The purpose of this study is to use brain imaging technology to examine the role of certain
brain chemicals in individuals with Alzheimer's disease (AD) and in healthy volunteers.
Cognitive dysfunction in people with AD is thought to arise from decreased chemical activity
in specific parts of the brain. Decreases in alpha4beta2 nicotinic acetycholine receptors
(nAChRs) have been found in the brains of people who died with AD; however, the status of
this receptor system in living brains remains unclear. This study will use single photon
emission computed tomography (SPECT) to study this receptor system in people with AD who
have mild to moderate dementia and in healthy volunteers. In addition, this study will
examine the relationship between cognitive dysfunction and nAChR deficits in the brains of
individuals with AD.
Participants with AD will have four clinic visits; healthy volunteers will have three
visits. At Visit 1, participants will undergo a medical history, physical examination, and
laboratory tests. Healthy volunteers will have a Mini-Mental State Examination (MMSE)
cognitive function test. Participants with AD will have a MMSE and measurement of the
severity of their dementia.
During Visit 2, participants will undergo a magnetic resonance imaging (MRI) scan of the
At Visit 3, participants will undergo SPECT imaging.
Only participants with AD will participate in Visit 4. During this visit, cognitive testing
will be performed.
Cognitive dysfunction in Alzheimer's disease (AD) patients are thought to arise in part from
underlying losses of cholinergic input to cerebral cortex and hippocampus. Consistent
marked decreases of alpha4beta2 nicotinic acetylcholine receptors (nAChRs) are found in
postmortem AD brains. However, knowledge of the in vivo status of this receptor system is
limited due to the lack of suitable tracers for PET/SPECT imaging. We plan to use a new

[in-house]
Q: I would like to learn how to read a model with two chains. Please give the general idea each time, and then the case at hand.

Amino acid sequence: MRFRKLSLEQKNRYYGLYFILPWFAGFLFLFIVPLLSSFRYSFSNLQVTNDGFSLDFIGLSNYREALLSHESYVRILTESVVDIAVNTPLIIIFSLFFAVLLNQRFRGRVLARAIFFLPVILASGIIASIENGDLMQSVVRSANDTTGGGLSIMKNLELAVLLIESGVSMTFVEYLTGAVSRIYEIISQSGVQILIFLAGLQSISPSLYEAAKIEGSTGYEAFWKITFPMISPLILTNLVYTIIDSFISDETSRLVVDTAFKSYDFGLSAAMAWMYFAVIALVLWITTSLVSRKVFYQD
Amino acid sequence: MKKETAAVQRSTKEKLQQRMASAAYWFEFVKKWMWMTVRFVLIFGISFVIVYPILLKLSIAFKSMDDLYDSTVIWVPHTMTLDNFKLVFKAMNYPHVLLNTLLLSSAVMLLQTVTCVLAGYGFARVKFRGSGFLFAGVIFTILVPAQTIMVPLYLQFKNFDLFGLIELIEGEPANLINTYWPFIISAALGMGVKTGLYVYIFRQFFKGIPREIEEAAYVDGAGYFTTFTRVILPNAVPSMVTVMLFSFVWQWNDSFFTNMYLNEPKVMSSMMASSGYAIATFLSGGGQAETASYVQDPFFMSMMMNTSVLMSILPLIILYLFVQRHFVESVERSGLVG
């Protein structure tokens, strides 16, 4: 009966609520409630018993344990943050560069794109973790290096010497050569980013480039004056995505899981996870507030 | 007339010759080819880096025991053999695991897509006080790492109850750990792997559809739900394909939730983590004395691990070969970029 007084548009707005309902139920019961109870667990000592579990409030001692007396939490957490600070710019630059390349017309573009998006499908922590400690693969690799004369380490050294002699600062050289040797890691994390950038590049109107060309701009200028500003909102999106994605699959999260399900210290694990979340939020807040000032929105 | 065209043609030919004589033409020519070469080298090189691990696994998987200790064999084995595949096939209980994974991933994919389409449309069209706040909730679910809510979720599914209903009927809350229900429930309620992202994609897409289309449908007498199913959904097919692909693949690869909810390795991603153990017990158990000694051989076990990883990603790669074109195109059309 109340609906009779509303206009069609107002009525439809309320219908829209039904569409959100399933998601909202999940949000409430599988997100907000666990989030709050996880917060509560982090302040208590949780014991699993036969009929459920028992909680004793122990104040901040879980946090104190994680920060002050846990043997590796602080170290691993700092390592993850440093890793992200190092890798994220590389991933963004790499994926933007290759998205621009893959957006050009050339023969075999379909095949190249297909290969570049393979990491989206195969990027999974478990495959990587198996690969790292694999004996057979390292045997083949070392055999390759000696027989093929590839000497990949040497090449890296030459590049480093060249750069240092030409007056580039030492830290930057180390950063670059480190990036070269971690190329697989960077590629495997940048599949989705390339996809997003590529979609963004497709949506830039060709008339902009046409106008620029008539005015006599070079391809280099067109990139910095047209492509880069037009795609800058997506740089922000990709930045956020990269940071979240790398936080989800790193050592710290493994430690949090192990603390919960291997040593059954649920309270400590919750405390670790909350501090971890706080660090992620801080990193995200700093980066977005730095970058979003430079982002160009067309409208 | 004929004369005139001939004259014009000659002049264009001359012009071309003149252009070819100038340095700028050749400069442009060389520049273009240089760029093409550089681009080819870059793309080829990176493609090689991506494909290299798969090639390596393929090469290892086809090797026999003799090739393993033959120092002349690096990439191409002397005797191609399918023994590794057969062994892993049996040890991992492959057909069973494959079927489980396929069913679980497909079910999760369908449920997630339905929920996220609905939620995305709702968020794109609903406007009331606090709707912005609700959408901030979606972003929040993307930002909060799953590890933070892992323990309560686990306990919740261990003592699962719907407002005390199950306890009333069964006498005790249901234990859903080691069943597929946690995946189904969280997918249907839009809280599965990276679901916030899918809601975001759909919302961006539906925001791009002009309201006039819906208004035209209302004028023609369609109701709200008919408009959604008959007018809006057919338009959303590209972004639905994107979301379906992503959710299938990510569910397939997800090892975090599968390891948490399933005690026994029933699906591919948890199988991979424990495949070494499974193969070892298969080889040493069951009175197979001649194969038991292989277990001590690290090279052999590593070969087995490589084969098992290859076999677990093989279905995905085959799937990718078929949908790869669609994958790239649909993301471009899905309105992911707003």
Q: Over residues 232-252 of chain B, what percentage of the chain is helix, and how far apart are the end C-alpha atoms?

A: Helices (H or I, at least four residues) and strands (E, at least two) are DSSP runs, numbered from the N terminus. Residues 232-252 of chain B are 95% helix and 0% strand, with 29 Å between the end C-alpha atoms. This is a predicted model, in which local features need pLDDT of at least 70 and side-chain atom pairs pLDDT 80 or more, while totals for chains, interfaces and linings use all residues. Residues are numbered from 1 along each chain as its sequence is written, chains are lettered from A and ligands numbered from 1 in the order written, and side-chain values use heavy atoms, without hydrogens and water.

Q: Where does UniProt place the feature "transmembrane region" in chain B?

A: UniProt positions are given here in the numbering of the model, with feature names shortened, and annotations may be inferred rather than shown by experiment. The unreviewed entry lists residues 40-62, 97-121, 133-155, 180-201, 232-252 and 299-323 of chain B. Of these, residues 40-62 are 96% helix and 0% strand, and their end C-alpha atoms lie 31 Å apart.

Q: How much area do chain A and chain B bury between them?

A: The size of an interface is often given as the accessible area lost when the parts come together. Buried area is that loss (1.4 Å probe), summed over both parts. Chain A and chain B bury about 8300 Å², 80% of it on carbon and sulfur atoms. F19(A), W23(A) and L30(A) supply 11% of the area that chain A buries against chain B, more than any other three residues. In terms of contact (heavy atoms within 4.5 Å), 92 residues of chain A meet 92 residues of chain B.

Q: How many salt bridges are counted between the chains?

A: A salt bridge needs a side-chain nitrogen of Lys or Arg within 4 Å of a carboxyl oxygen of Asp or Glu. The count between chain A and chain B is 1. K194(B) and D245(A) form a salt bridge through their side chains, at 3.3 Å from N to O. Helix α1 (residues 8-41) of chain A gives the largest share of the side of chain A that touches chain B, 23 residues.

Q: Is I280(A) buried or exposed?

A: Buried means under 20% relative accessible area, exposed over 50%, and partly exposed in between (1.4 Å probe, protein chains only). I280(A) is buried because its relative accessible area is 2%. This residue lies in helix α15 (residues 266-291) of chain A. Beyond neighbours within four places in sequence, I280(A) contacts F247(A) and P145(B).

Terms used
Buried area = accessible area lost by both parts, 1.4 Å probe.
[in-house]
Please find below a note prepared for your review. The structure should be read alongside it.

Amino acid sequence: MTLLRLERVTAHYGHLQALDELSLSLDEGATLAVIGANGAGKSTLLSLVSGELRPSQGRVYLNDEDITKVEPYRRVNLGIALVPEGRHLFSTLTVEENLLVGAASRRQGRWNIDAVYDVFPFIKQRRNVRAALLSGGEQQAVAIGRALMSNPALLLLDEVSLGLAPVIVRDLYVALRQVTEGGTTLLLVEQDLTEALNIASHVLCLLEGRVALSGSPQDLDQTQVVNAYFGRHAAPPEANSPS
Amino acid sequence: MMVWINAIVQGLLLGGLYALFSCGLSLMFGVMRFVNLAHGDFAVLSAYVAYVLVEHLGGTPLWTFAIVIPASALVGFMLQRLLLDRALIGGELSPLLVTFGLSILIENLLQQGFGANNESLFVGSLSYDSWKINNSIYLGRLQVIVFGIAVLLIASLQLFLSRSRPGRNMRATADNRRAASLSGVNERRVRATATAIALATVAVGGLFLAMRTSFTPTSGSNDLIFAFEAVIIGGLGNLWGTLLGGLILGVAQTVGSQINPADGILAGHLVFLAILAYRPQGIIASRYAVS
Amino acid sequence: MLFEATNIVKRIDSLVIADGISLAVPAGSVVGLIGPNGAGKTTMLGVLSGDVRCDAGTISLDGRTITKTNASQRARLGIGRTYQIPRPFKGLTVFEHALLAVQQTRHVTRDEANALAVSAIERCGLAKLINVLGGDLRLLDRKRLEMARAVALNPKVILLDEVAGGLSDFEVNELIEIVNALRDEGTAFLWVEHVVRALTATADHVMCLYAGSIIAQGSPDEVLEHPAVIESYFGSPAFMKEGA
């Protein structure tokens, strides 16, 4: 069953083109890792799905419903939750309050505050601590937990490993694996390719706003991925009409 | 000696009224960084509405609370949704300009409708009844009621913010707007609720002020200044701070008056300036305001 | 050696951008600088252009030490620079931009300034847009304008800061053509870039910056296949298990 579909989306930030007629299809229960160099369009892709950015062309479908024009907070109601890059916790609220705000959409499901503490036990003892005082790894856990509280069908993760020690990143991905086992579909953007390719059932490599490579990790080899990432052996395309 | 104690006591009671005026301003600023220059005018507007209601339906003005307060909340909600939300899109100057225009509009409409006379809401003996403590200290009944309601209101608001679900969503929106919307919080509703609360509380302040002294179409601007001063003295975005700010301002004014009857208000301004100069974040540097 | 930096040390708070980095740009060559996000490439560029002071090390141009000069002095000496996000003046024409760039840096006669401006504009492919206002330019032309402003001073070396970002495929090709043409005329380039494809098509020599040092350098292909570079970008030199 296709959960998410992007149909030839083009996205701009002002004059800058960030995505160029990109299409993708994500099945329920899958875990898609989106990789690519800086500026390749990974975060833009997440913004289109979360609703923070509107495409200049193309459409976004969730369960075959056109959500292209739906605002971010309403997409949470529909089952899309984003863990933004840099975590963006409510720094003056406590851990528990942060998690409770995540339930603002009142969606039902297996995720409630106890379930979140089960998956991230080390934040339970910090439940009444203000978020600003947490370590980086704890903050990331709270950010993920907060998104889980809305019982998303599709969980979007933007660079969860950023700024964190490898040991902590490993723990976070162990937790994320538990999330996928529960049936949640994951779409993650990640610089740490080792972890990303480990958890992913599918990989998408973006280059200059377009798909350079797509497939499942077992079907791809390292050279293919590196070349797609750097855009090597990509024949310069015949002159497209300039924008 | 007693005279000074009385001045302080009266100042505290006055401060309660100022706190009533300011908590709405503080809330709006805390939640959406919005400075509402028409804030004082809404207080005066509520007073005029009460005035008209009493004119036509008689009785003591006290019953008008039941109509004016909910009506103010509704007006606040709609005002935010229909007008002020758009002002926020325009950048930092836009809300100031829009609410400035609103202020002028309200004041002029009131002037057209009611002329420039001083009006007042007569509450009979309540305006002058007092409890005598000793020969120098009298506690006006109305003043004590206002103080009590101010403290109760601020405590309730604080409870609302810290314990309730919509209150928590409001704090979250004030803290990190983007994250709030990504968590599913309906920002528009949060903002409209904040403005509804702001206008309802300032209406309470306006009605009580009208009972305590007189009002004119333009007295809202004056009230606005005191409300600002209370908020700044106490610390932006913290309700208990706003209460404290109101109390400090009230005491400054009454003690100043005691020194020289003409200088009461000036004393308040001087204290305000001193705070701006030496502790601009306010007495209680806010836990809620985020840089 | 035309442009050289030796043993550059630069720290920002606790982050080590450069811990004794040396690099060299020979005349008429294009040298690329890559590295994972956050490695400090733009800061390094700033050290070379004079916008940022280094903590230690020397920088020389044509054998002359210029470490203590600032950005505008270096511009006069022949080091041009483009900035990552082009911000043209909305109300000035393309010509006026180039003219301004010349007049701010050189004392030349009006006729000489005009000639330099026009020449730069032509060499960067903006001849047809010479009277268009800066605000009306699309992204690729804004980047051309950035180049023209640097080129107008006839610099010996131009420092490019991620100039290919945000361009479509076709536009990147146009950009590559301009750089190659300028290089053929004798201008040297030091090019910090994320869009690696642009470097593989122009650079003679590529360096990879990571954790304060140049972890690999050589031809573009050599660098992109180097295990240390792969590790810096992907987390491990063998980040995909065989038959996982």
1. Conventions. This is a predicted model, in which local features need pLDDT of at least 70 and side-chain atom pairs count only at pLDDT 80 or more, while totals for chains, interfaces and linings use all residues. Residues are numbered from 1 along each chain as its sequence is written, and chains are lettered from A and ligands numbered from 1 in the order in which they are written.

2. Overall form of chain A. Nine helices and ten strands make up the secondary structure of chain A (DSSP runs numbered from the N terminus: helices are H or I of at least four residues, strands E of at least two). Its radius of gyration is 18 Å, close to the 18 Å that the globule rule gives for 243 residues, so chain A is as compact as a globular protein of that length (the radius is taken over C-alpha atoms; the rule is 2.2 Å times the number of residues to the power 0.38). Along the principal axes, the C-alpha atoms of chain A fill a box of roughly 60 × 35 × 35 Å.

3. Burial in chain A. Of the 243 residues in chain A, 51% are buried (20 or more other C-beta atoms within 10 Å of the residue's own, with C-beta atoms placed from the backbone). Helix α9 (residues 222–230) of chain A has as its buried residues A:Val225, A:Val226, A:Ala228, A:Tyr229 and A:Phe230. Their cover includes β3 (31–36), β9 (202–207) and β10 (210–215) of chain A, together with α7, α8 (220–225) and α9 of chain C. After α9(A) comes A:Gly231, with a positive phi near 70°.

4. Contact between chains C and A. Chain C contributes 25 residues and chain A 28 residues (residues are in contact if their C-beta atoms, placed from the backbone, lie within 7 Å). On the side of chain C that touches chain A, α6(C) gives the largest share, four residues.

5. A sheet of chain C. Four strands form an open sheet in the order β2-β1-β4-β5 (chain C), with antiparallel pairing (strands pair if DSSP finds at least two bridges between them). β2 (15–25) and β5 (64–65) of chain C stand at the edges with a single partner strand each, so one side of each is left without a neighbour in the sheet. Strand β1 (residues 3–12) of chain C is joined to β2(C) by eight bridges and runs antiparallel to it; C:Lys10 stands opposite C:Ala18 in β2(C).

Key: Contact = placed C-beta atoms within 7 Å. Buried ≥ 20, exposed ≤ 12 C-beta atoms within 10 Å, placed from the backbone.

SPECT tracer, [123I]5-I-A-85380, which appears suitable for imaging the alpha4beta2 subtype
of nAChRs, in order to delineate abnormalities of this receptor system in a "subgroup" of 20
mild to moderately demented AD patients against 20 age matched healthy controls, the
"subgroup" being characterized by carrying the AD susceptibility Apolipoprotein E epsilon4
allele. In addition, we plan to examine the relationship between cognitive dysfunction and
alpha4beta2 nAChr deficits in the cerebral cortex and hippocampus of these AD patients.
This study represents our initial effort toward our long-term goal of understanding the role
this important receptor system plays in the pathophysiological mechanisms and drug
manipulation of AD.
INCLUSION CRITERIA - ALZHEIMER'S DISEASE PATIENTS:
All AD patients will meet NINCDS-ADRDA criteria for probable AD with age of onset between
50 and 65 years of age.
The AD patients will be mild to moderately demented as assessed by the Mattis Dementia
Rating Scale and Mini-Mental State Examination.
In particular, the AD patients will be nonsmokers because of known effects of smoking on
Patients will be characterized by their APOE genotype as nAChR changes might be different
with differing doses of this allele.
We will not exclude AD patients from participating while they are on AChe inhibitors.
EXCLUSION CRITERIA - ALZHEIMER'S DISEASE PATIENTS:
We will exclude patients who are on galanthamine (Reminyl).
We will exclude patients on antidepressants and/or psychotropic drugs.
INCLUSION CRITERIA - CONTROLS:
Nonsmoking healthy individuals who satisfy the inclusion and exclusion criteria.